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Earth Eats: Real Food, Green Living

If You’re Lactose Intolerant, Can You Survive On The USDA’s Thrifty Food Plan?

When the government subsidizes corn, it effectively subsidizes dairy, too. Government nutrition programs push dairy as a cheap protein source, even though it doesn’t make sense for most Americans, in particular, people of color. (Kayte Young/WFIU)

This week on Earth Eats, we look back to a conversation from earlier this year, with Angela Babb from Indiana University’s Department of Geography. She talks about the conflict of interest inherent in the US Department of Agriculture’s management of farm policy and government nutrition programs. She examines some of the contradictions between USDA recommended diets and what’s actually affordable at the grocery store.

Angela Babb studies the USDA’s Thrifty Food Plan, which is a cost-of-food calculation that determines the allotment for households receiving SNAP benefits. Babb suggests that the calculation needs to be revised so that families can afford healthier foods.

Babb also talks about dairy being subsidized by the USDA, through feed (corn) subsidies, and how the USDA Thrifty Food Plan relies heavily on milk as a significant source of cheap protein. The plan ignores the fact that many Americans are lactose intolerant and that people of color have high percentages of lactose intolerance compared with white populations (of European descent).

Next week, we bring Angela Babb back into the studio, to talk about the specifics of the Thrifty Food Plan, how the USDA makes its calculation, and some interesting obstacles she encountered in her research.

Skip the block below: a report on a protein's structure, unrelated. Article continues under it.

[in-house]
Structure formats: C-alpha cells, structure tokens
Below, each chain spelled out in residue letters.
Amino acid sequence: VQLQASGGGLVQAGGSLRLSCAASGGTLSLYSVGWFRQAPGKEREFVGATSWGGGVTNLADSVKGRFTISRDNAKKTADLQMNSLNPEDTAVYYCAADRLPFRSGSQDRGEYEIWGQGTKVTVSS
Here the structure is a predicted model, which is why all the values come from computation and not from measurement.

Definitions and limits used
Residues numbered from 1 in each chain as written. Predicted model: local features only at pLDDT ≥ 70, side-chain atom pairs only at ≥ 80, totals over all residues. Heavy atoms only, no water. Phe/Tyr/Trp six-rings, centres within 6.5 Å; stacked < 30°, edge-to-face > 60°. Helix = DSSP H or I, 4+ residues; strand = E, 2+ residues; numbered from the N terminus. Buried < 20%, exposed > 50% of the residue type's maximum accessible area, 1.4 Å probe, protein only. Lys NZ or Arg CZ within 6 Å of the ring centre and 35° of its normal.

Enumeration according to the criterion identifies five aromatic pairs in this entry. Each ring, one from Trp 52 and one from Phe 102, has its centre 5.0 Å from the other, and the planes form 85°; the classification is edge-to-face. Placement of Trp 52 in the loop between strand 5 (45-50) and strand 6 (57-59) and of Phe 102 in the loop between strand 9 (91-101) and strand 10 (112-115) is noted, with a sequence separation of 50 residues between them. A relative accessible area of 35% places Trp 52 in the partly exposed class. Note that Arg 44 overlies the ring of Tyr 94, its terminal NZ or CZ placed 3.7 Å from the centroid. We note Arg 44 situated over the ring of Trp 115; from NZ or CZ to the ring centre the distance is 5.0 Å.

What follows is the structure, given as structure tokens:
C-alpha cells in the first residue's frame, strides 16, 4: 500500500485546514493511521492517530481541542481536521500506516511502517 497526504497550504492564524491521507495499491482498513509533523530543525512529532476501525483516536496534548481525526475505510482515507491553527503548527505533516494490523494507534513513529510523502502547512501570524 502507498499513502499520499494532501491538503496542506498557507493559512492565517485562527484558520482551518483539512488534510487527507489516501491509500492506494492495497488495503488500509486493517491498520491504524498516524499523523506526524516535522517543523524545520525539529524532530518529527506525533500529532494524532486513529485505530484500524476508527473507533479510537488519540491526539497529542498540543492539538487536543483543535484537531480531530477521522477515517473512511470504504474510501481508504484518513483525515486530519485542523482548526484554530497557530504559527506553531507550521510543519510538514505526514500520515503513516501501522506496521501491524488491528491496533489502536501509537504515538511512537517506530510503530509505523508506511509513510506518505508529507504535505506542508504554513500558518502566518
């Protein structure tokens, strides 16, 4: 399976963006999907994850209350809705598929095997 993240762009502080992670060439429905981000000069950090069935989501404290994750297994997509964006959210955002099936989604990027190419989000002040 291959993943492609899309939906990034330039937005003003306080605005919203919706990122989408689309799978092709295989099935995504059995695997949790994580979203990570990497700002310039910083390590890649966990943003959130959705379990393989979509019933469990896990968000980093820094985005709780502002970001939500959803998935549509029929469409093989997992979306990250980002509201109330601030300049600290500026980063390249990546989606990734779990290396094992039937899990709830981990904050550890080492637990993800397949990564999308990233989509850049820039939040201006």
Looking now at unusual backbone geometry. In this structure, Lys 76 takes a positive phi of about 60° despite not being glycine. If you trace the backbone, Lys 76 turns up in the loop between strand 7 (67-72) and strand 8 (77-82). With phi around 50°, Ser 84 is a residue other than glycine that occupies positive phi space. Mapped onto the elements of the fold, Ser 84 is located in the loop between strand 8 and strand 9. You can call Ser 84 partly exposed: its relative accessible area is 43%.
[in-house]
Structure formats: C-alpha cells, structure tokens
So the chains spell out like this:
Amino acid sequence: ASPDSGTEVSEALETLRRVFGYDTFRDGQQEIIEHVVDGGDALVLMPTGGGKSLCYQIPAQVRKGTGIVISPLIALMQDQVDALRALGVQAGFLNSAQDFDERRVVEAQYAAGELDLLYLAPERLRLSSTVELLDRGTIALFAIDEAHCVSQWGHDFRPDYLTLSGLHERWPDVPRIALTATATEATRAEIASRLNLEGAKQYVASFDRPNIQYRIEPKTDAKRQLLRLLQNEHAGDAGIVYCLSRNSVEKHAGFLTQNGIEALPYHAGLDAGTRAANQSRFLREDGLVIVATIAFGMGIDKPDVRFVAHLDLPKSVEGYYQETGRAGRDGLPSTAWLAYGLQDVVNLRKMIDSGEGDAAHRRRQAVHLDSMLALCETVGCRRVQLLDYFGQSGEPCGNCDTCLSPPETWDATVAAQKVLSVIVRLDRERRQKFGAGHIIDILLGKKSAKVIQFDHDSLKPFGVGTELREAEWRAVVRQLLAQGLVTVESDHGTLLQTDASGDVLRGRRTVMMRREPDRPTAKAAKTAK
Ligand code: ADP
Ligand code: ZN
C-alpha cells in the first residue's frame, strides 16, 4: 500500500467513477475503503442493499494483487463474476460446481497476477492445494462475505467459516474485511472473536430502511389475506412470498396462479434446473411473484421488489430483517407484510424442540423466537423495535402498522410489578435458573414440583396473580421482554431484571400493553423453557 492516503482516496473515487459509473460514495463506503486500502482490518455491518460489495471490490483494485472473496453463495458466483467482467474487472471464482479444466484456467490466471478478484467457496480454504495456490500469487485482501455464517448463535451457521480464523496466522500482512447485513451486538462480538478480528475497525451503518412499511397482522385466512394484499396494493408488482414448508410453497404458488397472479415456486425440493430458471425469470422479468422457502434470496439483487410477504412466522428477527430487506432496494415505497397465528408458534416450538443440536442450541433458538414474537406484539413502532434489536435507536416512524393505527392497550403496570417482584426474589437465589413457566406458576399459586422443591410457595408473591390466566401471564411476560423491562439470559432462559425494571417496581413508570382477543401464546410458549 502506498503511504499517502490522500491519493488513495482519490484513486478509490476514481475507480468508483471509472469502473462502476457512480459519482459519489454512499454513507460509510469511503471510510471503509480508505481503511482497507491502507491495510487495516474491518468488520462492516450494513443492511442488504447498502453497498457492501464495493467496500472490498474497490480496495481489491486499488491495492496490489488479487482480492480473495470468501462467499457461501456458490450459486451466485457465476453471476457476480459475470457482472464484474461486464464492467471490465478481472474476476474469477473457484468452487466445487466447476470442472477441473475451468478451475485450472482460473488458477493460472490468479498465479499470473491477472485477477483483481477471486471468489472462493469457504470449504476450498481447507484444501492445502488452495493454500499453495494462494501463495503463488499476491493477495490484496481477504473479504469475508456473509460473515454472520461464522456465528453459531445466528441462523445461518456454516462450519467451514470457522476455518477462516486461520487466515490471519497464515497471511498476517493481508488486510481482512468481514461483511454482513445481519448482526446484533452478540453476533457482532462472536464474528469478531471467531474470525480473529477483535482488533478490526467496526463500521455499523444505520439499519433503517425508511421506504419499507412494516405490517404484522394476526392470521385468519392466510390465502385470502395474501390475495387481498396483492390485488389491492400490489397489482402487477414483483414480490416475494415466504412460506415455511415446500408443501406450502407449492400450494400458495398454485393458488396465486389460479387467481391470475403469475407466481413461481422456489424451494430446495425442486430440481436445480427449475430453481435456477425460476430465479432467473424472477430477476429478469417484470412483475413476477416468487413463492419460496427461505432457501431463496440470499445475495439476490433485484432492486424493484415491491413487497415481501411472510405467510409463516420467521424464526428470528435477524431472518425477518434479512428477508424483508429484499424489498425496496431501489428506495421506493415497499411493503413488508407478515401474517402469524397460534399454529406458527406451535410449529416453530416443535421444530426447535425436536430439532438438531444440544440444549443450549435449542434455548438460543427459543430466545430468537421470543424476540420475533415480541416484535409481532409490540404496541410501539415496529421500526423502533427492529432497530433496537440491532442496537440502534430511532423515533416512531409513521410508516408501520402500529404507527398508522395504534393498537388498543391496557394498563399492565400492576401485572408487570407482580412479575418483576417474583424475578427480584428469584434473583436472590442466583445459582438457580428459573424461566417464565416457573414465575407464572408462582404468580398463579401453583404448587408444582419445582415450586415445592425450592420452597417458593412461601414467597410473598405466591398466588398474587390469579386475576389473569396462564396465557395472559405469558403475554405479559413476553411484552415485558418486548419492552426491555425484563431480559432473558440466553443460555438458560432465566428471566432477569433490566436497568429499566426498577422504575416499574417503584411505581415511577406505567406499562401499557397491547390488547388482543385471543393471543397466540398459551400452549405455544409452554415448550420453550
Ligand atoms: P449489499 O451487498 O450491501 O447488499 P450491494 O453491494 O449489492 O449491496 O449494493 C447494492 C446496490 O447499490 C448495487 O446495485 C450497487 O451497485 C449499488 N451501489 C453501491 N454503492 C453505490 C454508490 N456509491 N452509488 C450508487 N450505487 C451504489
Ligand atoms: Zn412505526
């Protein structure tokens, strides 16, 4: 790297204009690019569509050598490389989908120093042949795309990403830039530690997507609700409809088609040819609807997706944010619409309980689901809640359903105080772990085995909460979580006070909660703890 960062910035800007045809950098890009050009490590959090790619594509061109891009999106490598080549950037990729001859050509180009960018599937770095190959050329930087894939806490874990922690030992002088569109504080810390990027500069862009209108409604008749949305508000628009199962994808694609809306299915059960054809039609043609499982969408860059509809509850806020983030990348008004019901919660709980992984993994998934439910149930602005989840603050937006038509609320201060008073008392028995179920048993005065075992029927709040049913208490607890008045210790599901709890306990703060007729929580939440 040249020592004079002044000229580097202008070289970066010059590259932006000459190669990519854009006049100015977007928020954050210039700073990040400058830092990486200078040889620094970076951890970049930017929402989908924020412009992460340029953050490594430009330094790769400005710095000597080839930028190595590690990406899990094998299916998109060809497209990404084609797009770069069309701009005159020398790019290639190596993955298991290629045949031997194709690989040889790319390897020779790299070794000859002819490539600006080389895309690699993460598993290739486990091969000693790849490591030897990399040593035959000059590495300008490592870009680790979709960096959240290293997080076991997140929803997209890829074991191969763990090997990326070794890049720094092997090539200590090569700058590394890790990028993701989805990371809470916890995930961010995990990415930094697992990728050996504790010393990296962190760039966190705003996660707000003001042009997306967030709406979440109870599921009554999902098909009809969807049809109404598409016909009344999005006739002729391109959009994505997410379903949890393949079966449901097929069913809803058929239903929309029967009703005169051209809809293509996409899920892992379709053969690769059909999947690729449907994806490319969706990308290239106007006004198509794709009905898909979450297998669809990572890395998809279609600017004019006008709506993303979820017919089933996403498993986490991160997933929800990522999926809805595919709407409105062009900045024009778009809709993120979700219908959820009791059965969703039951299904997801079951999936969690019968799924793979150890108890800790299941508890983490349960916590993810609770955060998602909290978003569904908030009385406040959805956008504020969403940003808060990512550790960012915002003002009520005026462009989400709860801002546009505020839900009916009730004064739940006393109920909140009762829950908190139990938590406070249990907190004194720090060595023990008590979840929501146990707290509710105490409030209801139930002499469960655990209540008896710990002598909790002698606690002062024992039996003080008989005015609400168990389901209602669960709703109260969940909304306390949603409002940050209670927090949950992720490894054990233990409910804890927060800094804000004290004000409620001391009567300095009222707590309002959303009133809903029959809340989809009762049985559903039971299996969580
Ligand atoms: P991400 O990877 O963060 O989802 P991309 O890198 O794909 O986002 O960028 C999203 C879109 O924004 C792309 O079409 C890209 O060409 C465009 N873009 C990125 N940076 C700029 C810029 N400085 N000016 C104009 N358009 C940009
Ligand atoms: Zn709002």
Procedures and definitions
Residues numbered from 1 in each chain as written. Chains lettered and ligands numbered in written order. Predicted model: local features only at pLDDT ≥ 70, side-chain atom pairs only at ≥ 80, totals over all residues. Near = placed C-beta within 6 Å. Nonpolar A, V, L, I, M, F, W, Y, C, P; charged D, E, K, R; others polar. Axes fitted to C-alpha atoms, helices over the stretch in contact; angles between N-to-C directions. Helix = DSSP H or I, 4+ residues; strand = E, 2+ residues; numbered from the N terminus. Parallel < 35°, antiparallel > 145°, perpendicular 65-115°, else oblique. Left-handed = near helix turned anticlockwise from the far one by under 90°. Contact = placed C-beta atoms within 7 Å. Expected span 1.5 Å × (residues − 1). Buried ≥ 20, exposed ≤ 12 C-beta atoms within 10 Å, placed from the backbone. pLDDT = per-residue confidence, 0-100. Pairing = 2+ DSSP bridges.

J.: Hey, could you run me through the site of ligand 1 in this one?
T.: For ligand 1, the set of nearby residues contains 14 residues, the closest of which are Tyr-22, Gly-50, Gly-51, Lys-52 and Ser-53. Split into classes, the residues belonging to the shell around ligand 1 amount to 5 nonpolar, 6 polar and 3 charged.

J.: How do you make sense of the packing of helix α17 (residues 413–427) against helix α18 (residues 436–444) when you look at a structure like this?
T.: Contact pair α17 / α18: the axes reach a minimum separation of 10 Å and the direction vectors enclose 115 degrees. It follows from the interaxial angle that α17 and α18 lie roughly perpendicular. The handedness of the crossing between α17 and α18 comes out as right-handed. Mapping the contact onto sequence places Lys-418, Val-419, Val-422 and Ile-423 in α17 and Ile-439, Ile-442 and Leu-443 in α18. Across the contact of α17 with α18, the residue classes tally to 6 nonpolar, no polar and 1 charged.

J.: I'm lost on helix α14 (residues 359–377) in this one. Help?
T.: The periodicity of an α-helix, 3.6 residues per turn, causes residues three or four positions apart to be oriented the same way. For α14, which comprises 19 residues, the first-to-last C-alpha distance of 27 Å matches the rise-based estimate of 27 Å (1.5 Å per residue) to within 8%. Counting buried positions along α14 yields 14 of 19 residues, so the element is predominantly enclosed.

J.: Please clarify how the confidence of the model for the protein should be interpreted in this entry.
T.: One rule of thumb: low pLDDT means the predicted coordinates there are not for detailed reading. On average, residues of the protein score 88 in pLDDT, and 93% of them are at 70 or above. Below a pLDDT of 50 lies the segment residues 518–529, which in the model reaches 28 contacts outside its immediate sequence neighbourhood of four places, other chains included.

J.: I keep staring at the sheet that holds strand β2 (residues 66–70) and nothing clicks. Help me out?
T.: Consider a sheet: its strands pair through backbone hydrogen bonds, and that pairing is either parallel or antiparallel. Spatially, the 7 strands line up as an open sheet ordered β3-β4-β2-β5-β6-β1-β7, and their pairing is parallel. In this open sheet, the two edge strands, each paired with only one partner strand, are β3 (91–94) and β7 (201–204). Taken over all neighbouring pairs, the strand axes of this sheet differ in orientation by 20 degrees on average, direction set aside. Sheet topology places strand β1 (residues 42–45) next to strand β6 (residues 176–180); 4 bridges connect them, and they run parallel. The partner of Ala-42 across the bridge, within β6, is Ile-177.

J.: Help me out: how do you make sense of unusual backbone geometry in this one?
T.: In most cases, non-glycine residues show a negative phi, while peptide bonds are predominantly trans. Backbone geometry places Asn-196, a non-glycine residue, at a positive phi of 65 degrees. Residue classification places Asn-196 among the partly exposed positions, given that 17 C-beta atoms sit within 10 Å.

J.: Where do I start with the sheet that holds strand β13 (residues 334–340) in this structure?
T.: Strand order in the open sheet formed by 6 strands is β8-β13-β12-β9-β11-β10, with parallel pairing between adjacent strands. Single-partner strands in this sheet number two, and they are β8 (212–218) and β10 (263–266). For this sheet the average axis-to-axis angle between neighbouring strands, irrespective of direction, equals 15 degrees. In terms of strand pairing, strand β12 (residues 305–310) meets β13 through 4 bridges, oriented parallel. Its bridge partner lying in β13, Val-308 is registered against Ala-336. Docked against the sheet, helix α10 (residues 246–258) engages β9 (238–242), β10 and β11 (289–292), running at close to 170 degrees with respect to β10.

Also on the show, Harvest Public Media has a story about the difficulties of farmland transfer, and Chef Daniel Orr makes Pizza.

The Earth Eats’ theme music is composed by Erin Tobey and performed by Erin and Matt Tobey.

Stories On This Episode

Chard Pizza with Goat Cheese

Chef Daniel Orr puts together a beautiful pizza with bright, fall greens...and bacon!

Handing Off: The Reality Of Land Transfer Between Older, Younger Farmers

As life expectancy increases, farmers are staying in the business, but there’s still a need to plan for what happens when they die.

Kayte Young

Kayte Young discovered her passion for growing, cooking, foraging and preserving fresh food when she moved to Bloomington in 2007. With a background in construction, architecture, nutrition education and writing, she brings curiosity and a love of storytelling to a show about all things edible. Kayte raises bees, a small family and a yard full of food in Bloomington’s McDoel Gardens neighborhood.

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